Demand for Foreign Exchange in PNG High

 TOTAL outstanding foreign exchange (forex) orders with Bank South Pacific Financial Group Ltd (BSP) are approximately K120 million higher than at the same time last year, group chief executive officer Robin Fleming says.

PNG Currency [specimen]

Fleming said the bank had seen a buildup in foreign exchange orders over the past few months due to a combination of


“The increase in energy prices globally has contributed to this with fuel related orders increasing as oil prices increase on the back of supply issues related to the Russia-Ukraine conflict,” he told The National.

He said business activity in the country had been positive in recent months attributable to, in part, the election, anticipation on major resource projects and higher commodity prices all of which were stimulating consumer demand and contributing to more demand for foreign exchange as imports increased.

Fleming said notwithstanding the increase in orders most corporate customers other than those with larger payments were having their orders filled within four weeks, retail customers with orders under K25,000 generally within a day or so, and other retail customers can expect to be paid within four weeks.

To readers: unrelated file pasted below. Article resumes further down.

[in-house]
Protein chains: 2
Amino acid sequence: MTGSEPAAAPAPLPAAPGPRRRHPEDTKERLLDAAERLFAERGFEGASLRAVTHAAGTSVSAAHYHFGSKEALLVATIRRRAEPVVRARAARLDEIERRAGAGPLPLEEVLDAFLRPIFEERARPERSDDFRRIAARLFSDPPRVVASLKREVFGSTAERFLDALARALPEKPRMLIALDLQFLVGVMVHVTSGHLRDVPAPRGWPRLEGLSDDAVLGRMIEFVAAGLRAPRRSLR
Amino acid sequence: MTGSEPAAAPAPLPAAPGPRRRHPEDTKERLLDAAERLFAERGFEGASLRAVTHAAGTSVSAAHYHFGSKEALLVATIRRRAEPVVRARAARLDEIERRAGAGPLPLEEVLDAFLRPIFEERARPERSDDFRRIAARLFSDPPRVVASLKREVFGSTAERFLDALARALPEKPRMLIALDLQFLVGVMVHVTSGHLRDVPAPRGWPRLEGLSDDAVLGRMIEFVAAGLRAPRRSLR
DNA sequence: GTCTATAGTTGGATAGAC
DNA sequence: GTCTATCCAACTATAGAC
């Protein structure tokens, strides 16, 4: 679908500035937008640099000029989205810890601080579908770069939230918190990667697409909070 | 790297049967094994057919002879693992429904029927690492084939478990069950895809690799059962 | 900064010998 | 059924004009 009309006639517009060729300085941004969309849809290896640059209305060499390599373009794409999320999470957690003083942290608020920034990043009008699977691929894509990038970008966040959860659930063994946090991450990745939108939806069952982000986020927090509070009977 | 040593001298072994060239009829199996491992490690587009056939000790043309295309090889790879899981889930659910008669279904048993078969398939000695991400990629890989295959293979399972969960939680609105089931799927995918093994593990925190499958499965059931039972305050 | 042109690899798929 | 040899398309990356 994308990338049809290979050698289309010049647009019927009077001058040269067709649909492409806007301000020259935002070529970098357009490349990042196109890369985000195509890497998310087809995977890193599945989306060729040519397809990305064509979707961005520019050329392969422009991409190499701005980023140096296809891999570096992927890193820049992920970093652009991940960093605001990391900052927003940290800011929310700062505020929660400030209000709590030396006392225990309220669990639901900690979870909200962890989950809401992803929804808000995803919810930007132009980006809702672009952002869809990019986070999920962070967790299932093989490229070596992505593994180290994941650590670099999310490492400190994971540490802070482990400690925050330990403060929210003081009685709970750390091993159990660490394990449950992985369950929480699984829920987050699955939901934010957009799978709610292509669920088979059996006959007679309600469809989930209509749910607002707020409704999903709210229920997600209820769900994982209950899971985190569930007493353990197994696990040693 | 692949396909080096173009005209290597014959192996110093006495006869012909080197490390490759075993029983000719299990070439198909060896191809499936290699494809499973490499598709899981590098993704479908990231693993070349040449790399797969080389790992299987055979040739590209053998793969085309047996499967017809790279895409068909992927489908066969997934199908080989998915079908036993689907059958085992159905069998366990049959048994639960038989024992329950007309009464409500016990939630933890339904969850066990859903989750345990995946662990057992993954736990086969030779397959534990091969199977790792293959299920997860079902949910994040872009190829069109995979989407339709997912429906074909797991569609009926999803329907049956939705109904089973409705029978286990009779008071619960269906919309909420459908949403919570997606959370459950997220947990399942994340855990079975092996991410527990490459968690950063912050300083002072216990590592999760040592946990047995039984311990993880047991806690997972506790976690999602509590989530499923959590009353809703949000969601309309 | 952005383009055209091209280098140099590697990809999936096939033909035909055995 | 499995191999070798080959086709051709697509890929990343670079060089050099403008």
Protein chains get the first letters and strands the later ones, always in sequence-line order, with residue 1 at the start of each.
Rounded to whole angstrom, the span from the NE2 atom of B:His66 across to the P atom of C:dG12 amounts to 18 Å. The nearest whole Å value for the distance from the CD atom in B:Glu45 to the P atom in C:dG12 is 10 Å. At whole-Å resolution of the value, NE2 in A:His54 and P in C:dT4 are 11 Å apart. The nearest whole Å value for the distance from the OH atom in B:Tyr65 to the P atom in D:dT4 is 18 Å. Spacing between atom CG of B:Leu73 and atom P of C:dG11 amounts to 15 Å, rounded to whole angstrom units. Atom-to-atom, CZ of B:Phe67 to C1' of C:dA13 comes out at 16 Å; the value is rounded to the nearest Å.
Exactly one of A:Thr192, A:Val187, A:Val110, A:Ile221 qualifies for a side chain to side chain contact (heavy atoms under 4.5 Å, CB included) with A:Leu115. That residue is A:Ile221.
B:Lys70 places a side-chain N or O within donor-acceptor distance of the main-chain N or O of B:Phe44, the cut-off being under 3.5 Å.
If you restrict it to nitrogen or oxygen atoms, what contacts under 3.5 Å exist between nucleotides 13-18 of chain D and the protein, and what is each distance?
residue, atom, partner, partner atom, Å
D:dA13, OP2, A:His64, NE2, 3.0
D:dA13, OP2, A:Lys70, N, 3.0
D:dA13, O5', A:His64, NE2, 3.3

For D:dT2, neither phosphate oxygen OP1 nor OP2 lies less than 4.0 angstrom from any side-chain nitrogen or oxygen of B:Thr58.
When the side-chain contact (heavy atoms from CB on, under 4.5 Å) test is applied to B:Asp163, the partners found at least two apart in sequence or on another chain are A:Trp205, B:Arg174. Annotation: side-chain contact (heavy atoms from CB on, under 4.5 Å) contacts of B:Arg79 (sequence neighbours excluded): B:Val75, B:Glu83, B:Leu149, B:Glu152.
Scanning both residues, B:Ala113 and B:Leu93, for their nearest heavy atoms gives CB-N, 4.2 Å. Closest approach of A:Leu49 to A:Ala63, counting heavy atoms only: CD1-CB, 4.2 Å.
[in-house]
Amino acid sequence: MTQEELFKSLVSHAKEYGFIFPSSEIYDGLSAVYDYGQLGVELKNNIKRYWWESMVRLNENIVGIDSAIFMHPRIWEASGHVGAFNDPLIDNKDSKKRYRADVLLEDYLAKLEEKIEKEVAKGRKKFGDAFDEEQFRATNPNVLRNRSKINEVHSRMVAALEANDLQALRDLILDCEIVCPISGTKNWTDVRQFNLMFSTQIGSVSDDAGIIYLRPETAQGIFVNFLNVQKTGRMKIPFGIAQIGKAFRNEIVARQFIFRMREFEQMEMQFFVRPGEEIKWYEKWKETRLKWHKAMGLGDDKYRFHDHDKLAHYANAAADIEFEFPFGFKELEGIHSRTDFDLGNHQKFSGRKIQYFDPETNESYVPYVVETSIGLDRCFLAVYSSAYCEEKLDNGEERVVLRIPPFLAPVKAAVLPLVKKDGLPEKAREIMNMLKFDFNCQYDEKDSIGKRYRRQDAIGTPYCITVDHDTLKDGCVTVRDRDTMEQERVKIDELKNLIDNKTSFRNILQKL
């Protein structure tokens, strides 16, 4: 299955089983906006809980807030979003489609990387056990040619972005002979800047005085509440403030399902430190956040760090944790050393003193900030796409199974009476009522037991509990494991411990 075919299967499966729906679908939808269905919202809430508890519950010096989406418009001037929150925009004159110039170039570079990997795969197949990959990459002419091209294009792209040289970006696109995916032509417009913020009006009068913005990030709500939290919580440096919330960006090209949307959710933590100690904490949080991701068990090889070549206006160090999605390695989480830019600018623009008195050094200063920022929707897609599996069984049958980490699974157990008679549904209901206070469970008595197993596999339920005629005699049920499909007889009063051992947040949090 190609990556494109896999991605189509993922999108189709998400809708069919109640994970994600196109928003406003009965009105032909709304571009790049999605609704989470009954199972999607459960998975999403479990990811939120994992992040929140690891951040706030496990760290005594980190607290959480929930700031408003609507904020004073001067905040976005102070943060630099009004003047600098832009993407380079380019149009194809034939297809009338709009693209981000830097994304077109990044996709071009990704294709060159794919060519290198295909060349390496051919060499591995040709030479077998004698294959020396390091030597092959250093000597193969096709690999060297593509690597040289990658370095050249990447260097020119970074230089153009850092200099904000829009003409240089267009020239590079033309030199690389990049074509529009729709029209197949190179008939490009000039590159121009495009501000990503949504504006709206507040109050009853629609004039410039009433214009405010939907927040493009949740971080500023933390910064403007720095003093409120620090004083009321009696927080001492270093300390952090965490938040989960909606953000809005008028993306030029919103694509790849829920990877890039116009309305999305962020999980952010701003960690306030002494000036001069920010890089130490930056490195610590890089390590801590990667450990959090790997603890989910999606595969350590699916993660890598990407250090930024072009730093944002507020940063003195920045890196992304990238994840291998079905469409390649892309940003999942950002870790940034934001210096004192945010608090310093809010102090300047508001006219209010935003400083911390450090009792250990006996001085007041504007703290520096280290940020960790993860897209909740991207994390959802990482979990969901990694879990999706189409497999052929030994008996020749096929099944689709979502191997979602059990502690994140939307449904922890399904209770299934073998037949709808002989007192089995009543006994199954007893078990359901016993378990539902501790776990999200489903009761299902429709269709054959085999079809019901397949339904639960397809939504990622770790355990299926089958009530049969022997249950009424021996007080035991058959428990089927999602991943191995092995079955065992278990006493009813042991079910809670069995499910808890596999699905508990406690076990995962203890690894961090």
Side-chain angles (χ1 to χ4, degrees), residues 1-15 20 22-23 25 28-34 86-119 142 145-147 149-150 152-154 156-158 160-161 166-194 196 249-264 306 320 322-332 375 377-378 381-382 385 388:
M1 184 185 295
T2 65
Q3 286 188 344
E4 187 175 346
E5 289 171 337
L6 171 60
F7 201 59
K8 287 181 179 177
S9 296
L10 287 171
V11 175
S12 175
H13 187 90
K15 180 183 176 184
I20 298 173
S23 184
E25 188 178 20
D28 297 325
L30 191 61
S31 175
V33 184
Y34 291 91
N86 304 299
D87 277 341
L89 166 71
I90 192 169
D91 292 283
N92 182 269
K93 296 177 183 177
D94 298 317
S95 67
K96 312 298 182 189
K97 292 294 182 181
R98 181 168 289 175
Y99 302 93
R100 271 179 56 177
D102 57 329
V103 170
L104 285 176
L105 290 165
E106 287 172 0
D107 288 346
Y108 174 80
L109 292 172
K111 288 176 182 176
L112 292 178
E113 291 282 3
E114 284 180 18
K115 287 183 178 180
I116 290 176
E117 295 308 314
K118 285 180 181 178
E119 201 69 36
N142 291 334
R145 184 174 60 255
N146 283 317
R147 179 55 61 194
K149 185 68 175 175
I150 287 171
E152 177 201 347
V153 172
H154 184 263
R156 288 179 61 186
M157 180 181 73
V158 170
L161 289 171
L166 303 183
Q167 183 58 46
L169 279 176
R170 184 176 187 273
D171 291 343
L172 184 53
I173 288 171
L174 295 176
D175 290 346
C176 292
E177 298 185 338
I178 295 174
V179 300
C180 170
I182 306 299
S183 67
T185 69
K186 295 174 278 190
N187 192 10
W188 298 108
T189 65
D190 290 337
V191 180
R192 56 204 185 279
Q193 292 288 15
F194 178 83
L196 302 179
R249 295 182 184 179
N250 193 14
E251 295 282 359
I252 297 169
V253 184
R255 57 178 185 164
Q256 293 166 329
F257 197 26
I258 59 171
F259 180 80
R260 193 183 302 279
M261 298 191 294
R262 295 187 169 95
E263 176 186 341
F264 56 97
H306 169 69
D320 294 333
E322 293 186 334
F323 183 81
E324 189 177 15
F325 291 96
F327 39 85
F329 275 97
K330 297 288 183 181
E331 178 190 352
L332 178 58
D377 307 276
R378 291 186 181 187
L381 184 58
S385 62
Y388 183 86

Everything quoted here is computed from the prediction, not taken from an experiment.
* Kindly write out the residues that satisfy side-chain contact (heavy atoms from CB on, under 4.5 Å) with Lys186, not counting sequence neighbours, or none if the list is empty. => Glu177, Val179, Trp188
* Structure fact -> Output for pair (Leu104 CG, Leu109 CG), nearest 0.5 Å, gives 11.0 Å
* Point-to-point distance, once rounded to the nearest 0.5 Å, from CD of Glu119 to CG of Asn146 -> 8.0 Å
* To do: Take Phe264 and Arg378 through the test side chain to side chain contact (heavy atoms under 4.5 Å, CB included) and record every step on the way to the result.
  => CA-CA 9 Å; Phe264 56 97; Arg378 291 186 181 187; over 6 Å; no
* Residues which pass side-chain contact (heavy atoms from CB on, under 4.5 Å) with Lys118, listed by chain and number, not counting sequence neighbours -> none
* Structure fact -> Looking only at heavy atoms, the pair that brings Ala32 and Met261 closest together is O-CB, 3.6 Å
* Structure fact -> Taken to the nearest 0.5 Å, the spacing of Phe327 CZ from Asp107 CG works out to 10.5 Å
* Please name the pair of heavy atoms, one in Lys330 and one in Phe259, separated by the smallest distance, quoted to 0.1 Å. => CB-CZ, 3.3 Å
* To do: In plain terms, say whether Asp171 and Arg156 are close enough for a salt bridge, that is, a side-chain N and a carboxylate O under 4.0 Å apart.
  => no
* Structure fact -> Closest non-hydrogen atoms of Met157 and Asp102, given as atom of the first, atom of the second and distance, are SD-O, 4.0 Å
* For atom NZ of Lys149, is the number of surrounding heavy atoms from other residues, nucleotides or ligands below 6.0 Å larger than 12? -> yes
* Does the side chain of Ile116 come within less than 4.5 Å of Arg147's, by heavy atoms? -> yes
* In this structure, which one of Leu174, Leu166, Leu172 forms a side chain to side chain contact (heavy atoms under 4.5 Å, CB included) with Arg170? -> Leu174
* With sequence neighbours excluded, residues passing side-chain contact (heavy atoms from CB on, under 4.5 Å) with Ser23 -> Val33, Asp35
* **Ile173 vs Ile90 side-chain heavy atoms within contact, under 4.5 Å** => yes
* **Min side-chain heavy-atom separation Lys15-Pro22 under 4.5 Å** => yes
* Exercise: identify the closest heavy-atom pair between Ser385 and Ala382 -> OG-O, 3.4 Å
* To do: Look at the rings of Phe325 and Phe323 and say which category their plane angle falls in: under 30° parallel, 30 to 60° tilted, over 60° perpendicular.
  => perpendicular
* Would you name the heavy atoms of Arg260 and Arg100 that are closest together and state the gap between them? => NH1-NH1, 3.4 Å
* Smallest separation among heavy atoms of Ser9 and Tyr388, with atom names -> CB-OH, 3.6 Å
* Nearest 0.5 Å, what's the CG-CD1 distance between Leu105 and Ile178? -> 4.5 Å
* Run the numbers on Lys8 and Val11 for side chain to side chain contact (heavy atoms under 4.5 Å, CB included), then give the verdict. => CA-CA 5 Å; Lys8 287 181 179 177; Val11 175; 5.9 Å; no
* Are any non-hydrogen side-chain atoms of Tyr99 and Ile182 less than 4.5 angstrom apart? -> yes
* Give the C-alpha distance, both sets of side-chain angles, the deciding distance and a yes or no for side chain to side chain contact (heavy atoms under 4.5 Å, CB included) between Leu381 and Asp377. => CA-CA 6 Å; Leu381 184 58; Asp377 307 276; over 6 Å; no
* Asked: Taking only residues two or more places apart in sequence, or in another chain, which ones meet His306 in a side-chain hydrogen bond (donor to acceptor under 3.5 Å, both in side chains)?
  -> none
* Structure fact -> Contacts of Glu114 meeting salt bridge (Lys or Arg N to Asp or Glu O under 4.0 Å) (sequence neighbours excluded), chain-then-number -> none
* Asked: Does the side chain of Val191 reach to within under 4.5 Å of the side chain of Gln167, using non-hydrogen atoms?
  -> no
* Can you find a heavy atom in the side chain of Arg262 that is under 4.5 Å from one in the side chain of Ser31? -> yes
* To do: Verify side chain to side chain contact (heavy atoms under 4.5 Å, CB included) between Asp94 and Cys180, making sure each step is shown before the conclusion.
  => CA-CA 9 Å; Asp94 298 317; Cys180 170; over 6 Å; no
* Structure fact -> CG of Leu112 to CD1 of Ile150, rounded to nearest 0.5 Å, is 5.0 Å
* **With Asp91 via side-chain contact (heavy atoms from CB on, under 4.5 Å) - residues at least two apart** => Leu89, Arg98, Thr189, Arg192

“The increasing quantum of fuel related orders though is putting pressure on the market as banks such as BSP look to balance the need to provide foreign currency to fuel suppliers against providing foreign currency to other corporate and retail customers,” he said.

“Bank of Papua New Guinea does intervene in the market on a regular basis and they would continually reviewing the overall supply of foreign exchange across the market.

“It is expected that higher energy prices will continue to influence the domestic foreign exchange market for at least the remainder of 2022.” Fleming said delays in

re-opening the Porgera mine contributed to foreign exchange inflow shortages as the mine had been a good source of foreign exchange to the market.

“Low rainfall in Western may also contribute to some delays in shipments of concentrate down the Fly River,” he said.

“Other key resource project decisions will be delayed by virtue of the election due to both investors waiting for an election outcome and government being in a caretaker mode.”

Fleming said the delays on part of the government and investors was not unusual and was experienced also in other countries during an election phase.

The National / Pacific Business News

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